Camelina is a relatively new Brassica crop to the PNW and has received much less attention than canola. Worldwide interest in camelina has increased dramatically in the past 15 years due to its low input requirements, tolerance of abiotic stresses, unique edible oil and seed meal properties, and as feedstock for low-carbon-emission jet fuel (Berti et al., 2016). Camelina has shown potential in PNW cereal-based cropping systems (Guy et al., 2014). Camelina has better cold, heat, and drought tolerance and is less susceptible to disease and insects than canola (Brassica napus L.; Hulbert et al., 2012; Guy et al., 2014). There are reports from high-precipitation regions such as Minnesota, United States that up to 80% of camelina root mass can sometimes be found in the surface 30 cm of soil (Gesch and Johnson, 2015). However, numerous studies from other regions of the world show that camelina roots grow and extract soil water to a depth of 150 cm or greater (Berti et al., 2016; George et al., 2018; Schillinger, 2019), similar to that of wheat.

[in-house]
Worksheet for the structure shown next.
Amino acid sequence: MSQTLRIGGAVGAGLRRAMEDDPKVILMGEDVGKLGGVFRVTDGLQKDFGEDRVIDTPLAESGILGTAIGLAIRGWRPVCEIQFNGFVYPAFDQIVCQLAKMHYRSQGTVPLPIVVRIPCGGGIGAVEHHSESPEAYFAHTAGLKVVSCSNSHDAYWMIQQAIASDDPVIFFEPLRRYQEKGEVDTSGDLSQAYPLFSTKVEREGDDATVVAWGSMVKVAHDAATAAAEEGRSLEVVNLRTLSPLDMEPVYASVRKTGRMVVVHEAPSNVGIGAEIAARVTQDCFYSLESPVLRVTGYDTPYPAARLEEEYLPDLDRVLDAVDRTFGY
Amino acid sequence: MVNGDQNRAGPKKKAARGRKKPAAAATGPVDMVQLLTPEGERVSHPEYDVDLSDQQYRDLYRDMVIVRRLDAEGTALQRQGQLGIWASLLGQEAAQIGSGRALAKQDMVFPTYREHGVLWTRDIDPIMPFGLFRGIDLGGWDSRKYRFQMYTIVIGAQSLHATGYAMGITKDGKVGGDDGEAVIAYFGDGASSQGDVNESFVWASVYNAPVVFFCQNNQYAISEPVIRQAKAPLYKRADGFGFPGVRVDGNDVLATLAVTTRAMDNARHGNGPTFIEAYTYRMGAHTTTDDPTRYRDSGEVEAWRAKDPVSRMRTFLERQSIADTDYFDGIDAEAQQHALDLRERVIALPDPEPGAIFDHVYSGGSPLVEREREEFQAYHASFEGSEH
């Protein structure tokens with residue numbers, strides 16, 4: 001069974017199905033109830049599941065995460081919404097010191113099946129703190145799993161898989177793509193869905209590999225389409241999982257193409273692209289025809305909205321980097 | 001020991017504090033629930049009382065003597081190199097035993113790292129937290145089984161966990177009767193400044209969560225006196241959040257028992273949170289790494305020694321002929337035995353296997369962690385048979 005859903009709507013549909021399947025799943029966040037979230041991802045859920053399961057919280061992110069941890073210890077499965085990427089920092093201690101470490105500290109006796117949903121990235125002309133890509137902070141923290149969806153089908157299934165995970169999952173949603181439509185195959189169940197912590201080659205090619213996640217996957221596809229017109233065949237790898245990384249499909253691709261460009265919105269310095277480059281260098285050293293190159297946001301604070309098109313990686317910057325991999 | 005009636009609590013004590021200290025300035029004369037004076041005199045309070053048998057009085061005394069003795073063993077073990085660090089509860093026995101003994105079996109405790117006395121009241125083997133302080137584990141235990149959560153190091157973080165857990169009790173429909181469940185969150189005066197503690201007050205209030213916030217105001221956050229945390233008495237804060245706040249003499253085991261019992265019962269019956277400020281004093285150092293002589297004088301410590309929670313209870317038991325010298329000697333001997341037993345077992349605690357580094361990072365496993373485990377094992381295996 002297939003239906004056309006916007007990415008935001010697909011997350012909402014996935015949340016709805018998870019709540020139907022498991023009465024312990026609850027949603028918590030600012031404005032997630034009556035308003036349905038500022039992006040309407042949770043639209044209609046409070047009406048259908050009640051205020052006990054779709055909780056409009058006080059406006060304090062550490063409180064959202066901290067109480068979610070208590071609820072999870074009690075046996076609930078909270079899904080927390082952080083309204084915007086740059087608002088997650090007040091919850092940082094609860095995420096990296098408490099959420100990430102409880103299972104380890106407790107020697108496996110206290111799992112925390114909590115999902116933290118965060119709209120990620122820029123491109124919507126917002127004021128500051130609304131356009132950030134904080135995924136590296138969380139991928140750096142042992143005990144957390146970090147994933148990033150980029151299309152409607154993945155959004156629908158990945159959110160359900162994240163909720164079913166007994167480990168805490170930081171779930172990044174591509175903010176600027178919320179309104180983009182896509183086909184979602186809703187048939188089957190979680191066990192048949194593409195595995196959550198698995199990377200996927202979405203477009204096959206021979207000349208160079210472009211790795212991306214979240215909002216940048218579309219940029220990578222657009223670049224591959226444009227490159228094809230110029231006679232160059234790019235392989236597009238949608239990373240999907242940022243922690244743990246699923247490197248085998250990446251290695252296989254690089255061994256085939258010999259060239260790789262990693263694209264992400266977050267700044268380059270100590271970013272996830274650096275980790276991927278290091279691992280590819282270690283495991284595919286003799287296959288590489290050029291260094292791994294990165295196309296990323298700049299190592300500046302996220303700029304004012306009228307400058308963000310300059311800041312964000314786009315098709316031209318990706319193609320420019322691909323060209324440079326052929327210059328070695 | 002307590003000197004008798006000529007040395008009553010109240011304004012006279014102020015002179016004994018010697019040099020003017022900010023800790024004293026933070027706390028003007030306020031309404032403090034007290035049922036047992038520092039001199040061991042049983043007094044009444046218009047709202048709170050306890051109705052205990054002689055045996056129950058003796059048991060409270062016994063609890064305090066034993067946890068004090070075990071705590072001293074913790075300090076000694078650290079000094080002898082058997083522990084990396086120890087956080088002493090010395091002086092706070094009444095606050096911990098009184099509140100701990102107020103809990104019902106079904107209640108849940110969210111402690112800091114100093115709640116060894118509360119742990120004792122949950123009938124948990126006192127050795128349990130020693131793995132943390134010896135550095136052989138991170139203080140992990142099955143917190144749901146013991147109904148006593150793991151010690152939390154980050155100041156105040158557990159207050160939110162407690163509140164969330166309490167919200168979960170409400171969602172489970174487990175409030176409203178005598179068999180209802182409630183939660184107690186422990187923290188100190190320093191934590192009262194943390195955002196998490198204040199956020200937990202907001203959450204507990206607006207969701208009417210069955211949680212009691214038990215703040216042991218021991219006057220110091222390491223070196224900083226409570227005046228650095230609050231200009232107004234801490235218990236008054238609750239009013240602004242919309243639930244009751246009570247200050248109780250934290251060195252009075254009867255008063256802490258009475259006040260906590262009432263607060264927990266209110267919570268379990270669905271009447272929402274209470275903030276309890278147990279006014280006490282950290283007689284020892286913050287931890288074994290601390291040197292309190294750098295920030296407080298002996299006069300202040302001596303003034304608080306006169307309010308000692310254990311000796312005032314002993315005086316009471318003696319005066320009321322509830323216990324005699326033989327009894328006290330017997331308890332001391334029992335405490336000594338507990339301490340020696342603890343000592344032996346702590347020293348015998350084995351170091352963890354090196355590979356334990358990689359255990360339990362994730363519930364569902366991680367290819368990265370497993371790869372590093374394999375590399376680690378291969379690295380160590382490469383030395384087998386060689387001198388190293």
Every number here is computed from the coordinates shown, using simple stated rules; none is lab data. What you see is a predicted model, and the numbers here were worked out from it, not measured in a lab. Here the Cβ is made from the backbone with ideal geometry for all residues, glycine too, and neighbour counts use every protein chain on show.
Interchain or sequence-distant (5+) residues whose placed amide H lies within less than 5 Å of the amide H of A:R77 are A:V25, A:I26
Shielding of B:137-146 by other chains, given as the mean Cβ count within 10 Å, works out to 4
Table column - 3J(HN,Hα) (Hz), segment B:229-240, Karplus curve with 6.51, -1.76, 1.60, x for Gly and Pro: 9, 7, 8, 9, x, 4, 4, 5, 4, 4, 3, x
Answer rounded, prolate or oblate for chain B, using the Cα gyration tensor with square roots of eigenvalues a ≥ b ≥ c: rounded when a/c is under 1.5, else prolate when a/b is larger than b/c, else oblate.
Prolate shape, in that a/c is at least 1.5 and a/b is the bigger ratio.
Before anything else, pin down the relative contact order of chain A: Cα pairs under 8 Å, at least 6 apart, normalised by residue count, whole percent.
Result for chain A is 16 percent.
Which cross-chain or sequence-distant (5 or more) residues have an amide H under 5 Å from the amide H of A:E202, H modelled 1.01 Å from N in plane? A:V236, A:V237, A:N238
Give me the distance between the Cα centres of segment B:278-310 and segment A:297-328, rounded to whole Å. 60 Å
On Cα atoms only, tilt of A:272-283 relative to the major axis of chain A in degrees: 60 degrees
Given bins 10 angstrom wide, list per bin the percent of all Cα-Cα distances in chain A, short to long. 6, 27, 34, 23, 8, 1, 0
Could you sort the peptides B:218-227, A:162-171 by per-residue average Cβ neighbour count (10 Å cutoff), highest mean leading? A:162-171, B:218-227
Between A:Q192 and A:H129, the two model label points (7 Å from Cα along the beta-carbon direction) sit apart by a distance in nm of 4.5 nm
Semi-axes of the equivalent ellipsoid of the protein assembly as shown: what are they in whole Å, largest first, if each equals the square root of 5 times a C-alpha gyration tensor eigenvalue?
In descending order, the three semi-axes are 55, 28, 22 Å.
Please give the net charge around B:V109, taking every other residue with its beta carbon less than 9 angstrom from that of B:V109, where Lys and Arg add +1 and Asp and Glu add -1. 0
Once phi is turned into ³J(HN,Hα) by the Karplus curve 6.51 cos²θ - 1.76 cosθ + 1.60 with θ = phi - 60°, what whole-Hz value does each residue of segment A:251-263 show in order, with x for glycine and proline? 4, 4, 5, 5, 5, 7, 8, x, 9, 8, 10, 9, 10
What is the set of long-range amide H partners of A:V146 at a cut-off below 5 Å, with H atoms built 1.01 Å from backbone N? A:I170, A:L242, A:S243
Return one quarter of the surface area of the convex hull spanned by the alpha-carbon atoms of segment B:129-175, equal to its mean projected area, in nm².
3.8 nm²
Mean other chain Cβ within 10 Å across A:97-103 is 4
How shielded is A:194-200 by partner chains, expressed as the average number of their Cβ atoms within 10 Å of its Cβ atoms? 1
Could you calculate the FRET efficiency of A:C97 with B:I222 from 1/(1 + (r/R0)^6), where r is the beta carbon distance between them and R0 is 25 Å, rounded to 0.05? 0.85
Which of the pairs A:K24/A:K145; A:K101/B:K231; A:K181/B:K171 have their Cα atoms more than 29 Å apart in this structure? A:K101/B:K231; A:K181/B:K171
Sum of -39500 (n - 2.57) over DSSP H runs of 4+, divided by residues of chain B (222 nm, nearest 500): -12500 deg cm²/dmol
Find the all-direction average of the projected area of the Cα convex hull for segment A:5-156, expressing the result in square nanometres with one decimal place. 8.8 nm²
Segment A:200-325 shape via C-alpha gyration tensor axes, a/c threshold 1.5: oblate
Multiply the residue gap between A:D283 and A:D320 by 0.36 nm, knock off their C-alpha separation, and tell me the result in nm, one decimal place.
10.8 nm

Camelina in a 3-year rotation of WW-C-F has been proposed as a potential alternative to the traditional WW-F rotation in the low-precipitation zone of the PNW (Hulbert et al., 2012; Long et al., 2016). Guy and Gareau (1998) reported that wheat grown after five different broadleaf crops in the 450–600-mm average annual precipitation zone of the PNW produced an average of 29% greater yield than wheat following wheat. However, increased yields are not always observed in wheat following camelina. Schillinger (2019) conducted an 8-year cropping systems study at Lind, WA to compare a 3-year WW-C-F rotation to the widely practiced 2-year WW-F system. Camelina seed yield ranged from 339 to 1,175 kg/ha and averaged 643 kg/ha. Winter wheat grain yield of 2,692 kg/ha in the 3-year rotation was significantly lower compared to 2,862 kg/ha in the 2-year WW-F system. Water content in the 180-cm soil profile was significantly lower (p < 0.001) after harvest of camelina compared to after WW harvest in the 2-year rotation. This soil water reduction was consistently measured throughout the ensuing 13-month fallow cycle and was likely the main factor for the WW grain yield differences in the two systems (Schillinger, 2019). Further agronomic data from the 8-year study are reported by Schillinger (2019). For these reasons, regional farmers have shown little interest in growing camelina.